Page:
Is that a baboon behind you?

It’s started already, with the News Letter leading the field. When the election campaign begins, stand by to see tactics still at an embryonic stage  grow to full warrior status. I’m talking about the tactics of distraction.

It was at work  in the Talk Back studio earlier this week. What was to be a discussion of the Cash-for-Ash scandal and its consequences began to morph into a discussion of how the two big parties just couldn’t get along, so wedded are they to their weary old Orange/Green clichés. There was also talk about the exact nature of the inquiry into the Cash-forAsh scandal, with much criticism of Sinn Féin for being “all over the place” on what kind of inquiry they wanted. The all-over-the-place notion has again been rammed into the foreground as the topic of pre-election talks is raised: once again, we’re told that Sinn Féin are “all over the place” , with some of the party’s people saying one thing, some another.

Naturally all of these things deserve comment. Political parties should speak with one voice – and when they do, they shouldn’t then be criticized for being ‘militaristic’ or even ‘Stalinist’ in their discipline. If an inquiry into Cash-for-Ash is being suggested, it’s helpful if all parties have a consistent line on how such an inquiry would look. And while Orange-Green clashes can be dreary, they do represent a highly important political concern: whether this state should be subject to rule by Britain or whether Irish people should conduct Ireland’s affairs.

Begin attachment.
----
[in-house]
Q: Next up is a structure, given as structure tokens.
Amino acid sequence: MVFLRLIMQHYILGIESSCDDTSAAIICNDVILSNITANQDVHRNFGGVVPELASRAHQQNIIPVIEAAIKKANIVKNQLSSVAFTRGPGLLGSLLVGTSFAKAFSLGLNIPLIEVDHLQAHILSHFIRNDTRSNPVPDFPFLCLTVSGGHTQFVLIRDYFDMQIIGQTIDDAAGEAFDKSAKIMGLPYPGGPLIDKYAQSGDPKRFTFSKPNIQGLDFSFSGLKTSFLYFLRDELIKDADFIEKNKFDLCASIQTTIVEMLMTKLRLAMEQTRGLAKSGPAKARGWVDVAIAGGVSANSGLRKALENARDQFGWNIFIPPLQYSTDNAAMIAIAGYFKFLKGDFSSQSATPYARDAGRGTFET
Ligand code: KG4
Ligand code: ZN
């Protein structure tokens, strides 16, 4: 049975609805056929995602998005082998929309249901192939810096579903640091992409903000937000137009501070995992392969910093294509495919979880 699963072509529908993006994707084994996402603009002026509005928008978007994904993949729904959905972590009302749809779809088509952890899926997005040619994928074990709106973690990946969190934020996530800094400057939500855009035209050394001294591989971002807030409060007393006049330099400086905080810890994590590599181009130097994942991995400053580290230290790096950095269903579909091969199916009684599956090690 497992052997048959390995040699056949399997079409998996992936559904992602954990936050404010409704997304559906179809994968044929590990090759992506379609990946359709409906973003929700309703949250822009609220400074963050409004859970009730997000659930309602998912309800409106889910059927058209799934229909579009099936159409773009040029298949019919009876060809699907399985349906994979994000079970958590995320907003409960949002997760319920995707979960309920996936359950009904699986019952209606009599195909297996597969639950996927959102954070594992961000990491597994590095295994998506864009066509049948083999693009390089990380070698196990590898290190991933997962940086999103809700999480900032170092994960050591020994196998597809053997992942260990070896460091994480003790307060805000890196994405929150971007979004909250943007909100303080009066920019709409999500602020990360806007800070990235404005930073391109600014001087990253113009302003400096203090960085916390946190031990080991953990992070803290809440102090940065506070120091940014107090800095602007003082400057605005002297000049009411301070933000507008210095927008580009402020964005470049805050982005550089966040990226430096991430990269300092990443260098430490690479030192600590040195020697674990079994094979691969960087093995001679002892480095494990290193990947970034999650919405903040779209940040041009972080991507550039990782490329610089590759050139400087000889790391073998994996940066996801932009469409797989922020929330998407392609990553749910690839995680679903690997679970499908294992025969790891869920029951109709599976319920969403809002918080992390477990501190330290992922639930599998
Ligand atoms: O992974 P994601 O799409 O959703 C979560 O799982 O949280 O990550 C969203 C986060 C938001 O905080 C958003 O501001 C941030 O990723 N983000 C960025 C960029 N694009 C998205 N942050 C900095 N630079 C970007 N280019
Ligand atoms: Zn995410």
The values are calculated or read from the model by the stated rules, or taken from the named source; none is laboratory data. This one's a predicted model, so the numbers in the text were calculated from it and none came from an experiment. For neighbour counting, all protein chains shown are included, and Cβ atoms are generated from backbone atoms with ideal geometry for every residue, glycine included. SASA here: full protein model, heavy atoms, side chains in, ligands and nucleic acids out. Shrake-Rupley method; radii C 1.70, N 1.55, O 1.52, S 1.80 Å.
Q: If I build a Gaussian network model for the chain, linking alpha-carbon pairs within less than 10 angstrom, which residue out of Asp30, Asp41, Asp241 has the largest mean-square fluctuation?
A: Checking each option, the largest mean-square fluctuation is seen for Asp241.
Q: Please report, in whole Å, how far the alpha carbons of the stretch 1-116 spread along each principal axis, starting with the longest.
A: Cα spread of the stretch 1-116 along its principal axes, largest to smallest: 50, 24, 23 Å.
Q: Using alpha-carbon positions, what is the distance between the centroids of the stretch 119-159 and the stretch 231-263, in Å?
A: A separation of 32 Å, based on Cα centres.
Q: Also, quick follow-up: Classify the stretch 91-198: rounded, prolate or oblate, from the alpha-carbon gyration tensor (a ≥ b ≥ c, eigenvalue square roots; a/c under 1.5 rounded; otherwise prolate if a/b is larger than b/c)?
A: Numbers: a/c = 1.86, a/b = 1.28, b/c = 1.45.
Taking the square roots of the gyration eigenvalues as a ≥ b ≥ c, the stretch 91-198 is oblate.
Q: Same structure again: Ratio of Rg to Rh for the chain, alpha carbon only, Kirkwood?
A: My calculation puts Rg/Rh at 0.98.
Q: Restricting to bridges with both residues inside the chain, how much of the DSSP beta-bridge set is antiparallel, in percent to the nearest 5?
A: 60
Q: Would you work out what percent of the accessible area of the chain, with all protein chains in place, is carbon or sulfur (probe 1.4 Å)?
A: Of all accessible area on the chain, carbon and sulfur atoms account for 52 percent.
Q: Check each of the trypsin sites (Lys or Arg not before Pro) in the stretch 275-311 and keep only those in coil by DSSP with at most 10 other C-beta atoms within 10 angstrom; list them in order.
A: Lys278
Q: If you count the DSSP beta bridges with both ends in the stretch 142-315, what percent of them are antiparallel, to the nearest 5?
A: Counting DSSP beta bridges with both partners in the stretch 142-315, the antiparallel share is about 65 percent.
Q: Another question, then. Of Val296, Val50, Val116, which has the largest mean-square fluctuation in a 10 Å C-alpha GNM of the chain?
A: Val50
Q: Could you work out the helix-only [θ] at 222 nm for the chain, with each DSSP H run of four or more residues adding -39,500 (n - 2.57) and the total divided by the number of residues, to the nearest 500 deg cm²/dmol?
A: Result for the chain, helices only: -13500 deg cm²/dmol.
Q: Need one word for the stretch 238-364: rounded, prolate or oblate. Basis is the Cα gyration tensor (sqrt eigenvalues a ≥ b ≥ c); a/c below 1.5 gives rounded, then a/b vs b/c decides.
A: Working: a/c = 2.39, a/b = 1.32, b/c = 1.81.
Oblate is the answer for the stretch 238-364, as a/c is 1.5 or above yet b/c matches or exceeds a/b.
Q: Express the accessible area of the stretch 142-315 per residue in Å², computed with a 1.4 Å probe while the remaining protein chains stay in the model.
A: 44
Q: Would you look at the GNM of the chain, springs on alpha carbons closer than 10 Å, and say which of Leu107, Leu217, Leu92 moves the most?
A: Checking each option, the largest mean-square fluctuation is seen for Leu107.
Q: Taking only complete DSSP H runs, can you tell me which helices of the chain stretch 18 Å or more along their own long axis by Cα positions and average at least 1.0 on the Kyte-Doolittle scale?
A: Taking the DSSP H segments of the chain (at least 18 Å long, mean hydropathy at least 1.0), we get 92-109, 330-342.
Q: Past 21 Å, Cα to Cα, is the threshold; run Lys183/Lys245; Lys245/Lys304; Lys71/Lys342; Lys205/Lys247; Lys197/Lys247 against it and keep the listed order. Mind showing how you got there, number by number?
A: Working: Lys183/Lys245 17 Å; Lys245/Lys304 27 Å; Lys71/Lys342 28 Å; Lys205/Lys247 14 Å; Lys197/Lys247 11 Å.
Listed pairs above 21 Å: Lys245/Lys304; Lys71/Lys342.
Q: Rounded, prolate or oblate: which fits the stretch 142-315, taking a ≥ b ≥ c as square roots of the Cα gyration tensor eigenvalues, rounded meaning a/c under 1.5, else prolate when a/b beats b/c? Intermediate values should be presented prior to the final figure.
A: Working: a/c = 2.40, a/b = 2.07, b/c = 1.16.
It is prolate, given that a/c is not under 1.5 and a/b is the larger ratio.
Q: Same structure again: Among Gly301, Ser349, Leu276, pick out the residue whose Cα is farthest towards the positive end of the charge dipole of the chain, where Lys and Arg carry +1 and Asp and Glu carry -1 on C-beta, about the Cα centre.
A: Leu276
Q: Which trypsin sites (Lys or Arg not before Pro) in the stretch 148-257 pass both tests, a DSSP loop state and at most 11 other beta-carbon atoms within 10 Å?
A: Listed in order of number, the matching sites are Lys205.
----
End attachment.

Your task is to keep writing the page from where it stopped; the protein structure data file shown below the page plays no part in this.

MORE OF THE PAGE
What is happening, however, is that distraction tactics are being used, until we find the plethora of disagreement tedious and baffling, and decide that one lot’s as bad as the other. This is something nationalists and republicans would do well to be on their guard against.

If we keep in mind one core point, we’ll successfully repel those who’d like to carry our attention elsewhere. This Core Point  is that the coming election is not about Orange and Green. One matter only has propelled us into this crisis, and it’s a matter of public money. Not Orange money, not Green money – just public money. At present, the public are mad as hell that, under the watch of two DUP ministers, a heating scheme was established and kept in place which will cost the taxpayer here close to half a billion pounds. Insult has been added to injury by the First Minister, who initiated the scheme, refusing to stand aside while an investigation is conducted.